Last modified: 2007-01-10 06:04:05 UTC
Basic assistive technology like accesskeys should be in page HTML, available
added as part of a skin.
site- and/or user-preference interface that would change the HTML would be
more widely accessible.
This should be treated as a bug, not a requested enhancement, since it compromises basic
accessibility. I refer to the following WCAG accessibility checkpoints:
6.3 Ensure that pages are usable when scripts, applets, or other programmatic objects are
turned off or not supported [priority 1] -- the page is usable, but accessibility is reduced
11.1 Use W3C technologies when they are available and appropriate for a task and use the
accesskeys in HTML
8.1 Make programmatic elements such as scripts and applets directly accessible or
compatible with assistive technologies [Priority 1 if functionality is important and not
presented elsewhere, otherwise Priority 2] -- accesskeys in HTML would make keyboard
9.5 Provide keyboard shortcuts to important links (including those in client-side image
maps), form controls, and groups of form controls. [Priority 3] -- again, there's no reason
Changing the title back. This is not about customizability, this is about the unnecessary and
visually display information about accesskeys fails in some browsers, presumably
E.g. the CSS in [[Wikipedia:Keyboard shortcuts#Visual display of shortcuts]] works in
Firefox, but doesn't work on the initial page load in Safari: the shortcuts show up
individually when you mouseover them, or all at once when you go ''back'' to a page.
See also: Bug 5376
Access keys do not work in JAWS versions below 6.0 without the virtual cursor on,
CSS work in JAWS versions below 6.0 using the virtual cursor. Those versions of
JAWS are old (before about September 2004), but they cost hundreds of dollars to
upgrade, and they have some advantages over the newer JAWS versions. Navigating
on the Internet without the virtual cursor is slow and difficult, although it has
some advantages; the virtual cursor was introduced in September 1999 to JAWS
3.31, so most blind computer users who were introduced to JAWS after that time
would find it difficult, if not impossible.
since there is already a way provided for disabling them. There are a few accesskeys
disable those as well. So forcing more access keys on me without an option for
disabling them is not what I consider "fixing a bug".
Access keys (in the browsers I've used that support them, FireFox and IE on Win32)
break basic functionality that I use constantly. Alt-E and Alt-F in particular have
long-standing and nearly universal meaning across most of the Win32 AI, and preventing
these from working when looking at certain web pages is truely annoying.
Until such time as the accesskey feature has matured to the point that popular
browsers realize this problem and support user control over this potentially
distruptive feature, their use should be limitted and, if at all possible, user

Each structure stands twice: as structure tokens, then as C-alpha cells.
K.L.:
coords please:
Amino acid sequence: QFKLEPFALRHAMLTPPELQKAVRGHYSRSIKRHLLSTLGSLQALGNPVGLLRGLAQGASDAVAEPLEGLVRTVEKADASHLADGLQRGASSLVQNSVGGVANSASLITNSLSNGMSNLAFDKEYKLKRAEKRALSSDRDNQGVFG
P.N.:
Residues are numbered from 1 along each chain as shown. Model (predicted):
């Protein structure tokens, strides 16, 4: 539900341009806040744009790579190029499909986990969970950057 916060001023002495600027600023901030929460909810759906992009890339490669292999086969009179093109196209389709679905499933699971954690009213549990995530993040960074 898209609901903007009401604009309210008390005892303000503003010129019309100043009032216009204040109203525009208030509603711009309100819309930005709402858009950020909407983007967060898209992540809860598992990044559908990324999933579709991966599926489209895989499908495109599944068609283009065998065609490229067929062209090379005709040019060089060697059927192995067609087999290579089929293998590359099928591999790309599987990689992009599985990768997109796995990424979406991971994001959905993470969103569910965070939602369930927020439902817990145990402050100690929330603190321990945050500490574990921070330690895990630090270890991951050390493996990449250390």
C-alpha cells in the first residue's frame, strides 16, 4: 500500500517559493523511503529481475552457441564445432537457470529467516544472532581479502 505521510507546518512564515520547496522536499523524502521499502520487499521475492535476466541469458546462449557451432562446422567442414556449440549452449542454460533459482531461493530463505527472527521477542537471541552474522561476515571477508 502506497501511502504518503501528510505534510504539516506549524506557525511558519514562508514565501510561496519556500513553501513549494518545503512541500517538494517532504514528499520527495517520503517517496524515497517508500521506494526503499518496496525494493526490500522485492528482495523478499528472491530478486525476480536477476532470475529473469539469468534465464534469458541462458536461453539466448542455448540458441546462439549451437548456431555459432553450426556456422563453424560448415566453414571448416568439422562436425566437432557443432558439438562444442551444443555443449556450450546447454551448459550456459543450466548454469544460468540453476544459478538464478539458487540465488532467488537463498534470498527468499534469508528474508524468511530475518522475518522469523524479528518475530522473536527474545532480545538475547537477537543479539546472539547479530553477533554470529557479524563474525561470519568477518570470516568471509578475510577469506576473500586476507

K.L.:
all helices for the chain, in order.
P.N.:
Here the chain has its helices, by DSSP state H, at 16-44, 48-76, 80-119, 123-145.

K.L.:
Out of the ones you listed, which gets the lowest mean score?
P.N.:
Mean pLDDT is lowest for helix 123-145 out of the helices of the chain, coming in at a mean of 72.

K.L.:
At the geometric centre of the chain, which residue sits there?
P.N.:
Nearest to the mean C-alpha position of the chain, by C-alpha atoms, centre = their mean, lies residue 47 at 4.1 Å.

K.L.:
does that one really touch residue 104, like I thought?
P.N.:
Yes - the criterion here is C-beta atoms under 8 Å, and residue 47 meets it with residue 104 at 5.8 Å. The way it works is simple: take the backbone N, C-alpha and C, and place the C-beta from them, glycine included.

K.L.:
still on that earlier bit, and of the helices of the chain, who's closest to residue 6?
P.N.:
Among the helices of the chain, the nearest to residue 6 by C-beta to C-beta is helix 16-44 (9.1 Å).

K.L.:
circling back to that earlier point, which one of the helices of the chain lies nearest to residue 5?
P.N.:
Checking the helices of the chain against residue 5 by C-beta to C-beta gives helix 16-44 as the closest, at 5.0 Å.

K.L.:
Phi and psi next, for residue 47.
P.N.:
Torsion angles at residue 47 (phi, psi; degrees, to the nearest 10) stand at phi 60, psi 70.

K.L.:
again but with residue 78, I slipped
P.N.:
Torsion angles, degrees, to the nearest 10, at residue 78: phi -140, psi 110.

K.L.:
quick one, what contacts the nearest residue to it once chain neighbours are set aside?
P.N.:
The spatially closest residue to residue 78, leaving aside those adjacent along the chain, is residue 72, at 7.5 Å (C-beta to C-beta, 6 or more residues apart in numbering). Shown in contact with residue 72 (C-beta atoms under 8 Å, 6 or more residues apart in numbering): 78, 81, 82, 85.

I'm "happy" that the inventors of the feature are so tickled with their own creation
that they've published recommendations that it be used heavily. However, nobody
should be surprised that new technology has unforeseen drawbacks or that a feature's
designer / implementor may have a blind spot to its faults.
the existing feature of being able to configure (or at least disable) them. Please
Sorry to hear that the needs of physically handicapped computer users are ruining the Web for you. But you're in luck. Even
convenience, using the same interface.
Fixed in r17297.
Incomplete patch rolled back and branched, should be recommitted in a week or less.
One small separate thing with r17297 is that the accesskey attribute on the <li>
element breaks HTML validity, and gives Tidy warnings.
Results of running W3C validation on a SVN checkout made before r17297 was
Below are the results of checking this document for XML well-formedness and
1. Error Line 142 column 72: there is no attribute "accesskey".
...View the content page [c]" accesskey="c" class="selected new"><a
And results of running Tidy on the same page with the accesskeys:
line 136 column 6 - Warning: <li> proprietary attribute "accesskey"
line 137 column 6 - Warning: <li> proprietary attribute "accesskey"
<...snip 13 other warnings, all the same...>
From http://www.w3.org/TR/html4/interact/forms.html#adef-accesskey , it looks
like the accesskey should be on the <a href>, not the <li>. With that it should
(if I'm reading correctly) be valid HTML and keep Tidy happy too.
According to the spec, accesskey in HTML 4.01, the following elements support the
accesskey attribute: A, AREA, BUTTON, INPUT, LABEL, and LEGEND, and TEXTAREA.
(XHTML spec is only a diff from HTML4, and I couldn't find anything about accesskey.)
Fixed again in r19036 (slightly more than "a week or less", but oh well). And XHTML validity
ensured, hopefully, in r19045.